Identifying himself as a supporter of the middle class and more so in education, Hanna said there’s been much talk about job growth but little understanding on what all that talk really means.
"The fundamental point is the quality of jobs," Hanna said. The congressman said that is why he has been working with Mohawk Valley EDGE, Senators Kirsten Gillibrand and Charles Schumer and Gov. Andrew Cuomo "hand in glove" to get the Nanocenter up and running in Marcy.
He said there are not 13 million but rather 24 million unemployed in the country. And job growth does not cover population growth. What is making for a struggling middle class today is lack of opportunity, and Hanna said opportunities can be won through education to keep the American Dream alive. To be competitive in the global market, the congressman said the nation needs to focus on the "value of our product" and what the country produces for the world as opposed to identifying as a "service industry." Without making a valuable product, the nation would continue to be unable to "grow its middle class," he said. "...Our most significant right is to be upwardly mobile and to transcend from our parents."
A key into jump-starting the nation’s economy is also through tax code reform, Hanna said. As part of his American Competitiveness Act, Hanna wants to lower the corporate tax from 35 to 25 percent over a two-year period so that jobs are not "out-sourced," and that Americans choose to start companies in their own country, rather than going overseas.
"If we’re not producing here, then we’re losing the middle class," he said. "We’re losing our manufacturing and losing the matrix we used to have."
As for the Great Recession, "This time we’re going through a great bubble, and it’s going to take some time to get through it," Hanna said.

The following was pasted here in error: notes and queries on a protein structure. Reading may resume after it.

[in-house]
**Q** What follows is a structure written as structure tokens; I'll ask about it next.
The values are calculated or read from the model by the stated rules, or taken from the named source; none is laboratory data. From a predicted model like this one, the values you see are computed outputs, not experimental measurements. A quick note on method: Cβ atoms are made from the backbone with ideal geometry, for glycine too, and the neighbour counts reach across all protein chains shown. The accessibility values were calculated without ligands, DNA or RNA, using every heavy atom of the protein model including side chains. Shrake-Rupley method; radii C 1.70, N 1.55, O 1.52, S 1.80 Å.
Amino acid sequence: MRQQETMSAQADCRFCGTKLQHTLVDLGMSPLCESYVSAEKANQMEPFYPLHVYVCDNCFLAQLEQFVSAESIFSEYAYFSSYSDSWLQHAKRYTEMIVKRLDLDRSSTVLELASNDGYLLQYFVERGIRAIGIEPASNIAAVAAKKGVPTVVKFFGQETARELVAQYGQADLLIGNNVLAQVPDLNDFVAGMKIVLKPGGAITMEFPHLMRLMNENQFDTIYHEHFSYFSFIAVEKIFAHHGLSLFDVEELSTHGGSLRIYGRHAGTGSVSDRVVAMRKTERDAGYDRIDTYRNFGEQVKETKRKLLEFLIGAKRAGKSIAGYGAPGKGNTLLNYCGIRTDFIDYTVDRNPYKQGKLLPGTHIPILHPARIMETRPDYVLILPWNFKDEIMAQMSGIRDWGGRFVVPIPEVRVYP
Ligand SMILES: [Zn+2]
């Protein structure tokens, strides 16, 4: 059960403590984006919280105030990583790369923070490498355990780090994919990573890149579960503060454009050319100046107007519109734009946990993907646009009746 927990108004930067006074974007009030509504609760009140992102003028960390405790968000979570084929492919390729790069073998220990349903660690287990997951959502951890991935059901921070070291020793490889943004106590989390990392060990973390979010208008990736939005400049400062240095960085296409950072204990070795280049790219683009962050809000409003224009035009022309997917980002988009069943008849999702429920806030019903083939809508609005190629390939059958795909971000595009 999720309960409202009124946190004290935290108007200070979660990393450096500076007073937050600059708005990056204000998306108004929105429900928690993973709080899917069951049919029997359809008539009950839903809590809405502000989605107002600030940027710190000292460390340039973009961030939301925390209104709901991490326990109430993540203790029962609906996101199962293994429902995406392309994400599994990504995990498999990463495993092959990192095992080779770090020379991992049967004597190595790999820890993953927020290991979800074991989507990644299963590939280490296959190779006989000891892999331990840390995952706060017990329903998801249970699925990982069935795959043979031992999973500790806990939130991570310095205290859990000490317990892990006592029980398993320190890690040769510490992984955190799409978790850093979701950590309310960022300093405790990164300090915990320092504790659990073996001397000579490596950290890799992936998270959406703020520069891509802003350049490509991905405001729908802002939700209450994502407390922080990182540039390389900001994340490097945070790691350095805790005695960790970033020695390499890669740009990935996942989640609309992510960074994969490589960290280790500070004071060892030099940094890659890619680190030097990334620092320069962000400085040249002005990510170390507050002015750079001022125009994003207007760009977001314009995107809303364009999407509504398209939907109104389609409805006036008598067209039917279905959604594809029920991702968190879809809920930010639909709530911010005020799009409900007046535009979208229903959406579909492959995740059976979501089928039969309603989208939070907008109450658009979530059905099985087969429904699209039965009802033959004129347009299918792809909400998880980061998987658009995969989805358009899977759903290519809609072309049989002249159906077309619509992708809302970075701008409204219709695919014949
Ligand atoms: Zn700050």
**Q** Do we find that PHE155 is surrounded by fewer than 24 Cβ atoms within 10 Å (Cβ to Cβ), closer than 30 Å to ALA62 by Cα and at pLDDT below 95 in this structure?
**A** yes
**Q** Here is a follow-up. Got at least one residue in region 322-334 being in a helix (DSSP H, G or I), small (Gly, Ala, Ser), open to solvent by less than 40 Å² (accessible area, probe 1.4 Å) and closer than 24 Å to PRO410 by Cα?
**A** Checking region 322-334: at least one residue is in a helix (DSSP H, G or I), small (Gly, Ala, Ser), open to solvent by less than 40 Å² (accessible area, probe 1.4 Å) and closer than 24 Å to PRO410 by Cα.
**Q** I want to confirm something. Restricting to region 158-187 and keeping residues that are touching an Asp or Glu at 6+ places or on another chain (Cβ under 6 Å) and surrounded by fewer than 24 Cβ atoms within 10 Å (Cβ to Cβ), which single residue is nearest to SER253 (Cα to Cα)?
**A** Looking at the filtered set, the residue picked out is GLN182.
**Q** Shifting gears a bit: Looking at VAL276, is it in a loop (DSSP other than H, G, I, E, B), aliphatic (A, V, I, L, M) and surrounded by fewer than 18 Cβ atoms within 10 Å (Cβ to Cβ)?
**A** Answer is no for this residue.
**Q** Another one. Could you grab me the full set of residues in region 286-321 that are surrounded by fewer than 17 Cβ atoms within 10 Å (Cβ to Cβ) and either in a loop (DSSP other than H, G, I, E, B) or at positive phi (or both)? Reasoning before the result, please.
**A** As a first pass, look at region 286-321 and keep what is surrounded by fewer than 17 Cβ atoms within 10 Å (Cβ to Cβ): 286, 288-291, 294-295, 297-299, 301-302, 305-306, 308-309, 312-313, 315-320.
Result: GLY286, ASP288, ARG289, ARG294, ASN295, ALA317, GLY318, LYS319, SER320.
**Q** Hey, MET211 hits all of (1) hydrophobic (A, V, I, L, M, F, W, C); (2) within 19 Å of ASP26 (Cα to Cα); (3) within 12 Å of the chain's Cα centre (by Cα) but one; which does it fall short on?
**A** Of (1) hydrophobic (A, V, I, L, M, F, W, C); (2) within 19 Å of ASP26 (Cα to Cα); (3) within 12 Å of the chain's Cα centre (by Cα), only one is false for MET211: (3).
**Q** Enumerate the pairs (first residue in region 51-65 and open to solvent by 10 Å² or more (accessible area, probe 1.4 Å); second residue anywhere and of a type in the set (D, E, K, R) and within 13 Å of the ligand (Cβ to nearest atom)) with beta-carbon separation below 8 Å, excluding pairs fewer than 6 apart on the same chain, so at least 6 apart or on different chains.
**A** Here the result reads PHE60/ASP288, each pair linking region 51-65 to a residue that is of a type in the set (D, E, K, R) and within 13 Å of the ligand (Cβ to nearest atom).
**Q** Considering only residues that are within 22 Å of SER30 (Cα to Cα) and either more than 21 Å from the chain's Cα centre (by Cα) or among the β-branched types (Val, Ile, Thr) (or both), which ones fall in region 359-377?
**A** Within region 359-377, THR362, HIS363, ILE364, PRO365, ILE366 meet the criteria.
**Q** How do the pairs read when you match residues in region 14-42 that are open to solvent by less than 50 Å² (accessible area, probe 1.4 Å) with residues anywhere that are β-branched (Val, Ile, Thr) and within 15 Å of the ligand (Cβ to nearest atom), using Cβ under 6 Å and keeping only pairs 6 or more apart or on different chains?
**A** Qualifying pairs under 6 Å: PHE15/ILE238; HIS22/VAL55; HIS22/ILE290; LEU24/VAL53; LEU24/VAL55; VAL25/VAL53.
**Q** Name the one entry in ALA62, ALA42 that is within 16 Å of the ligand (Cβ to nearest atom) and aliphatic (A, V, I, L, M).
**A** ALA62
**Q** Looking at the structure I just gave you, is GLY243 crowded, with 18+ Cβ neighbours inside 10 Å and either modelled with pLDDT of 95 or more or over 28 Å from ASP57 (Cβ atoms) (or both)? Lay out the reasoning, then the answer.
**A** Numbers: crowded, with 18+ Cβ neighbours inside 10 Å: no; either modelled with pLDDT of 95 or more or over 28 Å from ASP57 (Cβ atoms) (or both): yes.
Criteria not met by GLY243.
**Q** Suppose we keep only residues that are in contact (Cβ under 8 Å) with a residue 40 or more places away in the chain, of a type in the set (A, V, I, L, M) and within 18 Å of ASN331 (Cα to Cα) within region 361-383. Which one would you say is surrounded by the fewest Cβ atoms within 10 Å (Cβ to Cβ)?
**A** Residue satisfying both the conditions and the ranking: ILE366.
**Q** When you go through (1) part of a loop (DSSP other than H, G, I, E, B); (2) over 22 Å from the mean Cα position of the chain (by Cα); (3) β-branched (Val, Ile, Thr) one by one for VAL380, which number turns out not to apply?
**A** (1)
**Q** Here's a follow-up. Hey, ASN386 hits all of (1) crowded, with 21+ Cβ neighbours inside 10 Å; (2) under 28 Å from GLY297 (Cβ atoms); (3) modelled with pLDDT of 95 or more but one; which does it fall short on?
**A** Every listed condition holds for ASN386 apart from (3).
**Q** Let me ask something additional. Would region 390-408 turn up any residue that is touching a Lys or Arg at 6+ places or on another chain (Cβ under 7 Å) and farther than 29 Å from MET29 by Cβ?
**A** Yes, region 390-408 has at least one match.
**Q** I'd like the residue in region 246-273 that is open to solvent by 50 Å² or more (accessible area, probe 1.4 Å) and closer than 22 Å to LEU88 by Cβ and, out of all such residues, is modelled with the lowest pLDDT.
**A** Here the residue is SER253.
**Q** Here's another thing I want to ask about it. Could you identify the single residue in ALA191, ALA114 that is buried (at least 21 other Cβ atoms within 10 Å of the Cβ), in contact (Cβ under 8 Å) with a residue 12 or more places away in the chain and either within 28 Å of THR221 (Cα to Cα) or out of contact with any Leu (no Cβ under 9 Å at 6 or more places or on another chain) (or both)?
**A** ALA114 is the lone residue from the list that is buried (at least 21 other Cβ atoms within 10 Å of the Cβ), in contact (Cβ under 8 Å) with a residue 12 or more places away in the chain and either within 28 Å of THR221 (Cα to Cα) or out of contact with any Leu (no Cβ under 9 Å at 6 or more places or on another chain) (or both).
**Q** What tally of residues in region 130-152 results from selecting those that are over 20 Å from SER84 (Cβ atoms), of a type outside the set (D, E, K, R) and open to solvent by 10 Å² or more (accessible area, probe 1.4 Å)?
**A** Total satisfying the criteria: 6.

Rome Area Chamber of Commerce President William K. Guglielmo asked Hanna who he felt would come up victorious in the Republican primary process.
"I like Huntsman," Hanna said of the Republican presidential hopeful. "But it looks like Romney has the lead right now. But it’s kind of early to tell. Stranger things have happened."
Throughout his address, Hanna also emphasized how he encouraged constituents to contact his office with any questions or concerns.
"If you call the office with a question, someone will get back to you with an answer within 24-48 hours," he said. "We work for you. This is not the big bad federal government here in the 24th Congressional District. The office is working for you."
Asked by a high school student who plans to get a degree in art followed by a Masters if there should be more student aid, Hanna said that he did not mean to discourage the student, but "No". Getting his degree, Hanna said he installed aluminum siding and roofing during the school year and worked summers to pay for it. He said if you work to get something, then you should expect to pay for it. "People have to be accountable for the debts they occur," adding, you also have to have learn something at school that will allow you to pay it back. Hanna said that people he meets say "I’m an American", so they deserve something. Hanna disagreed, "Being an American is the prize. At the end of the day we are all the product of the choices we make. We are sitting here having made bad choices." He added that students should be mad at the debts their parents leave.
Summarizing his first term so far, Hanna said, "It has been a great experience in a disappointing place." He dislikes the Washington practices, explaining, "Convincing that you are better than the other guy is what is regularly done." Instead, he said, "I’m looking for ideas." Looking forward he said, "You have to have compassion. The big elephant in the room is healthcare."
Hanna closed, remarking, "I like to think. I like to read. I like to work."